Semi-automated, non-weighing, pot-in-bucket (PIB), water management in pot plant culture

Hunter, Mal, Mitchell, Jaquie and Dieters, Mark (2012). Semi-automated, non-weighing, pot-in-bucket (PIB), water management in pot plant culture. In: I. Yunusa, Capturing Opportunities and Overcoming Obstacles in Australian Agronomy: Proceedings of 16th Agronomy Conference 2012. 16th Australian Agronomy Conference, Armidale, NSW, Australia, (). 14-18 October 2012.

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Name Description MIMEType Size Downloads
Author Hunter, Mal
Mitchell, Jaquie
Dieters, Mark
Title of paper Semi-automated, non-weighing, pot-in-bucket (PIB), water management in pot plant culture
Conference name 16th Australian Agronomy Conference
Conference location Armidale, NSW, Australia
Conference dates 14-18 October 2012
Proceedings title Capturing Opportunities and Overcoming Obstacles in Australian Agronomy: Proceedings of 16th Agronomy Conference 2012
Place of Publication Armidale, NSW, Australia
Publisher Australian Society of Agronomy
Publication Year 2012
Sub-type Fully published paper
Editor I. Yunusa
Total pages 6
Collection year 2013
Language eng
Abstract/Summary Constant water tables (CWT) in pots have been used in the determination of plant water-use. While the CWT systems eliminate the labour required in watering-to-weight systems, they may be overly wet with the constant water table within the pot itself. A valve in our Pot-In-Bucket (PIB) system maintains the water table at a nominated constant height above, within or below the contents of each test pot. In the latter configuration, the CWT supplies water to an upper ANOVApot® through a capillary tape draped over an upturned pot within the bucket which encloses the valve and supports the upper ANOVApot®. This valve is connected to a remotely located 5L container of water via a medical infusion set. Water-use by a plant/s growing in the ANOVApot® is monitored as changes in water level in the calibrated 5L container. Real time (2-20 minute delay) variation in rate of water-use from plants can be observed (as drips (0.066mL) per second) in the sight glass of the infusion set. Having groups of containers located remotely from the pots they supply, greatly facilitates the ease and speed of the refilling operation and drip rate measurements. Changes in pot weight provide a measure of whole plant biomass and when coupled with water-use enables the non-destructive measurement of water-use efficiency during the crop’s lifecycle. This system has worked well in water-use experiments in wheat and rice.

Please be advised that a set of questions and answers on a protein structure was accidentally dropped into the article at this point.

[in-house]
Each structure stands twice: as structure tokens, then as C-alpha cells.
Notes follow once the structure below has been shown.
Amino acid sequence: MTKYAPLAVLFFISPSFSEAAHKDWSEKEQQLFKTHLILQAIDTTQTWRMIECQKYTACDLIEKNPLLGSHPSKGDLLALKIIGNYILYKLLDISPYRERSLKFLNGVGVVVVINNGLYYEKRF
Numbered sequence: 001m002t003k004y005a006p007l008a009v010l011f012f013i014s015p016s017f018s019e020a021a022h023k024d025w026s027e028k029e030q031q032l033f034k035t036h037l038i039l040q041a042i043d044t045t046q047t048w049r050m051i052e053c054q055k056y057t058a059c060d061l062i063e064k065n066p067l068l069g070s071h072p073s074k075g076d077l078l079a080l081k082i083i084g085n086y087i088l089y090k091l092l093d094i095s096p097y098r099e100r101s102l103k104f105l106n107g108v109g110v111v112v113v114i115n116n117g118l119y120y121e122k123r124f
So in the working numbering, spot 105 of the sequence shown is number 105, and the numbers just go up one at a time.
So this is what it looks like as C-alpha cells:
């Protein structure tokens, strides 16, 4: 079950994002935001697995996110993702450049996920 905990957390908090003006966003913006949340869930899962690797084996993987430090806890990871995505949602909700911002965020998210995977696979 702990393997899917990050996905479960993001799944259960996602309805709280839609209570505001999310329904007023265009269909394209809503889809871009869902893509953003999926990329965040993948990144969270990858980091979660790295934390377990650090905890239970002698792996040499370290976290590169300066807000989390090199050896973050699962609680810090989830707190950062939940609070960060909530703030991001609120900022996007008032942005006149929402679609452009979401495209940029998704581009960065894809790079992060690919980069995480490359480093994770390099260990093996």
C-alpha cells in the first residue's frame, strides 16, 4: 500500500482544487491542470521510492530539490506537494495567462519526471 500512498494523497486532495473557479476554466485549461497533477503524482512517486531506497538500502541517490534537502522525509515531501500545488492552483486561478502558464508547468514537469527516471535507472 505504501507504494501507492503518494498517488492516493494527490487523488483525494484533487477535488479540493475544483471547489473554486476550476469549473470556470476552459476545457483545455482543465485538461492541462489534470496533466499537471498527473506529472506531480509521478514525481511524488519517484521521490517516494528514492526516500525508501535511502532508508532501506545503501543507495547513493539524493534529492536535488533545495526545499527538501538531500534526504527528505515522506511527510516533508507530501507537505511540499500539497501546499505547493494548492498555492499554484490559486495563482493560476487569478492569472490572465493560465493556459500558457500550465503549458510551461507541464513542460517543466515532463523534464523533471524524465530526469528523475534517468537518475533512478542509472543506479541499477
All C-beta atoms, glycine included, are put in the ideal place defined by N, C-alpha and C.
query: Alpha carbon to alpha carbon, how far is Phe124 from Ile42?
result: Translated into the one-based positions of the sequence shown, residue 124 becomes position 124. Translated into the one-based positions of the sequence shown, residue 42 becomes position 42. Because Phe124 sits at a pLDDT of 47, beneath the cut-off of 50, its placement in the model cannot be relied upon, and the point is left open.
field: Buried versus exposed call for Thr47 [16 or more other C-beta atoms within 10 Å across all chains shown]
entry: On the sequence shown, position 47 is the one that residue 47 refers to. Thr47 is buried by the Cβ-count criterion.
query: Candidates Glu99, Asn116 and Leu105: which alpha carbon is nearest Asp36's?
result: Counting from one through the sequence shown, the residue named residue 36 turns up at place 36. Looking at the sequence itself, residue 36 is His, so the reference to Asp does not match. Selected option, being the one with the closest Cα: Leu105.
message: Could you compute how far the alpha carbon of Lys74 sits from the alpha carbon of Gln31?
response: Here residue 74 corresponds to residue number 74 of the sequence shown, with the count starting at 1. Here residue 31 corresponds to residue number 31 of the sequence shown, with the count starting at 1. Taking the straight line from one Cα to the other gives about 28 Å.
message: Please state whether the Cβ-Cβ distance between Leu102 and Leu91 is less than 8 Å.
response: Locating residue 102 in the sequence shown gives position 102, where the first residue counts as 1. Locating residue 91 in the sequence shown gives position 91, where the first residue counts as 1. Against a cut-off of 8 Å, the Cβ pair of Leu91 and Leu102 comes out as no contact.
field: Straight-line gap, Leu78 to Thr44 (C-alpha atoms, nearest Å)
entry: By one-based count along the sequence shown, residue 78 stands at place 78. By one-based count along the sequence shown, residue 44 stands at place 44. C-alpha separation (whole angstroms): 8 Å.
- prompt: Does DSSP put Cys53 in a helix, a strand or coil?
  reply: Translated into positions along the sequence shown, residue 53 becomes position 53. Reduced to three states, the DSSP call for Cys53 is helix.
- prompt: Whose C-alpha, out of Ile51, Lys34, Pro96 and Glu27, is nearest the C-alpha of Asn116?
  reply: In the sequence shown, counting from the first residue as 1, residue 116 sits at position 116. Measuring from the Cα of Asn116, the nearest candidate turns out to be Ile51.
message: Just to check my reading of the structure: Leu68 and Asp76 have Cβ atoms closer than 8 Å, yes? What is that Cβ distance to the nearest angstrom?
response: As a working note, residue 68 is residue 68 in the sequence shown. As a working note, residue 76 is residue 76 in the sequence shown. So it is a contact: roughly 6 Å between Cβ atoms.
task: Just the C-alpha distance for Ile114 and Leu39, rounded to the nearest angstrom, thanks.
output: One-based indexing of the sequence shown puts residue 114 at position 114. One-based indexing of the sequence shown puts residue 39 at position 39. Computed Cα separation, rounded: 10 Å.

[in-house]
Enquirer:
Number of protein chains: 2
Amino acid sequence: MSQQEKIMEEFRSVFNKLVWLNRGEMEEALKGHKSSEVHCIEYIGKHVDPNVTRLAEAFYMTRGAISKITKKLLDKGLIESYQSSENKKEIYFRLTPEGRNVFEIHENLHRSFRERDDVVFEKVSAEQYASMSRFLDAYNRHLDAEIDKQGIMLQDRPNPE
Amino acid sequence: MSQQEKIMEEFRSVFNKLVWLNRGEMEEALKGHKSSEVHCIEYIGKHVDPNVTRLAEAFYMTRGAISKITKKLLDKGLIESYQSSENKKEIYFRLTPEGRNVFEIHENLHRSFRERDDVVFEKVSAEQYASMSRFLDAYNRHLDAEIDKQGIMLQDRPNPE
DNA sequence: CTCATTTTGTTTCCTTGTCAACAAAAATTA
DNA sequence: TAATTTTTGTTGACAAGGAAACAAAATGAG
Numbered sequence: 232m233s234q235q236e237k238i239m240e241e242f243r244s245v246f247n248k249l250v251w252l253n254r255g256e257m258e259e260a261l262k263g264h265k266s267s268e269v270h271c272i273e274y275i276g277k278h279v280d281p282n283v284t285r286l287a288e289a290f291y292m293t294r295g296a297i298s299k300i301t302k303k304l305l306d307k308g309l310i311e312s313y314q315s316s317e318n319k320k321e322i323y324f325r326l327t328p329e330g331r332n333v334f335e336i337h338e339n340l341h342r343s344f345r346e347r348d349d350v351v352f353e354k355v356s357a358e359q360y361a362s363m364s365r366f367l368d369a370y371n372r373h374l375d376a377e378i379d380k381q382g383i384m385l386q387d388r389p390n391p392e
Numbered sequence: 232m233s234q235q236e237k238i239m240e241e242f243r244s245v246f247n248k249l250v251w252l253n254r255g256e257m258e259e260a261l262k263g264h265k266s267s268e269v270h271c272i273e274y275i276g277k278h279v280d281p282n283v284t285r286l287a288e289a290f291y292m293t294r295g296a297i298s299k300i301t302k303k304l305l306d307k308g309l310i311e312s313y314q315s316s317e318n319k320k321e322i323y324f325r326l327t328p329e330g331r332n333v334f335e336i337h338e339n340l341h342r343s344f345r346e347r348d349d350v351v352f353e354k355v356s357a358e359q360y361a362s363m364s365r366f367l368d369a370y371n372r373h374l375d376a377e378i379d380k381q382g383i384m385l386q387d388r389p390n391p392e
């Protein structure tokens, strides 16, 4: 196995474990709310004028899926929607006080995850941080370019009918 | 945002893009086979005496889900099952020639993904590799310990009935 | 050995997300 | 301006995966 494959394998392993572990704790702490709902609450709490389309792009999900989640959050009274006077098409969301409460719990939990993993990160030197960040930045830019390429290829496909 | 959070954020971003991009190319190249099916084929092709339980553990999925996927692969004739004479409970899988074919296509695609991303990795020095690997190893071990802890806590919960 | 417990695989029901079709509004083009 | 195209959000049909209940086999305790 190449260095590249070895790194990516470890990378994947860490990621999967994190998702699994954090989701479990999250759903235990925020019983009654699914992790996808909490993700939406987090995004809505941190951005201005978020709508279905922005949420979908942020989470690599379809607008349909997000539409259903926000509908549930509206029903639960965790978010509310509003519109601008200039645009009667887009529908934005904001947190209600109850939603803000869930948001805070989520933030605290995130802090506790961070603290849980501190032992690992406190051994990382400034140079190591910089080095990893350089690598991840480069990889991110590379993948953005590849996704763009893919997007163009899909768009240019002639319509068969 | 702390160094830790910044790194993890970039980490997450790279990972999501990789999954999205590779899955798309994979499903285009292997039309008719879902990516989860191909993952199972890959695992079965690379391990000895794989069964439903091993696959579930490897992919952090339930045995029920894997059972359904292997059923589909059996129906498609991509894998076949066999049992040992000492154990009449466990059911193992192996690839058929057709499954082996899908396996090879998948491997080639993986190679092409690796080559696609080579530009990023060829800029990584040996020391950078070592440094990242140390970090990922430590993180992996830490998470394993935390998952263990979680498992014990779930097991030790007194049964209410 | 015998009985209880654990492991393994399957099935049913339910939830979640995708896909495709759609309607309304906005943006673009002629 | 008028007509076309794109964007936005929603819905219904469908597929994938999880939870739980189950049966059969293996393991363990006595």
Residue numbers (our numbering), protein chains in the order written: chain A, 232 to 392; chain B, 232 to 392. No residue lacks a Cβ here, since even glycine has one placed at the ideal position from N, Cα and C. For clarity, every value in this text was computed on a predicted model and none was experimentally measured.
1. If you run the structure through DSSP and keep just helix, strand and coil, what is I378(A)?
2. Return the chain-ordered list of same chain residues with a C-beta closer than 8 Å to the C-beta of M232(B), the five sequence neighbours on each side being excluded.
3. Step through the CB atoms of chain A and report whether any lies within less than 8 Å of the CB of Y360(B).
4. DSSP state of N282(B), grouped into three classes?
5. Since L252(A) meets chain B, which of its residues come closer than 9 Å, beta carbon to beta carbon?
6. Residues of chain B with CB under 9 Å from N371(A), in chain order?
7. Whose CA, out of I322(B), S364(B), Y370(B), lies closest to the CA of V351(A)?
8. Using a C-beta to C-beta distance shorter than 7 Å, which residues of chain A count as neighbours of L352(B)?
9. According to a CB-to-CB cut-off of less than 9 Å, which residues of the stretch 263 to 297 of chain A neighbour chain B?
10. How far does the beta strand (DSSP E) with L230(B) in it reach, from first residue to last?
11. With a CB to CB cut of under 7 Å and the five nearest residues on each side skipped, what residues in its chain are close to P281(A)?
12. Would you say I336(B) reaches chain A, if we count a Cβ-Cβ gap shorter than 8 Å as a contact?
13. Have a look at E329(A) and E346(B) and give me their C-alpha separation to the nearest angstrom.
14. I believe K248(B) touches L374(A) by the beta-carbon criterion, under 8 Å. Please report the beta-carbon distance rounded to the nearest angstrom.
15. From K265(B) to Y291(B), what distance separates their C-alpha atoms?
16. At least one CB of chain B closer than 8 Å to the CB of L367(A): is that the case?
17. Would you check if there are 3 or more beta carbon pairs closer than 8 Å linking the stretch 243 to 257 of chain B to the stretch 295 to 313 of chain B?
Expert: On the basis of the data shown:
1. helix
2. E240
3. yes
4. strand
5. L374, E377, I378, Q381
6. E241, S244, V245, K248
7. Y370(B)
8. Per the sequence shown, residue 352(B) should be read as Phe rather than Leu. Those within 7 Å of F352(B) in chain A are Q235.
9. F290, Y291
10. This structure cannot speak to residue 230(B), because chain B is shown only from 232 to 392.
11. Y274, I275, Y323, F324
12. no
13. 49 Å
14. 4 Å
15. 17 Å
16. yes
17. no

Keyword Automatic
Transpiration
Fresh weights
Q-Index Code E1
Q-Index Status Confirmed Code
Institutional Status UQ

Document type: Conference Paper
Collections: School of Agriculture and Food Sciences
Official 2013 Collection
 
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Created: Wed, 03 Apr 2013, 14:05:52 EST by Mrs Jaquie Mitchell on behalf of School of Agriculture and Food Sciences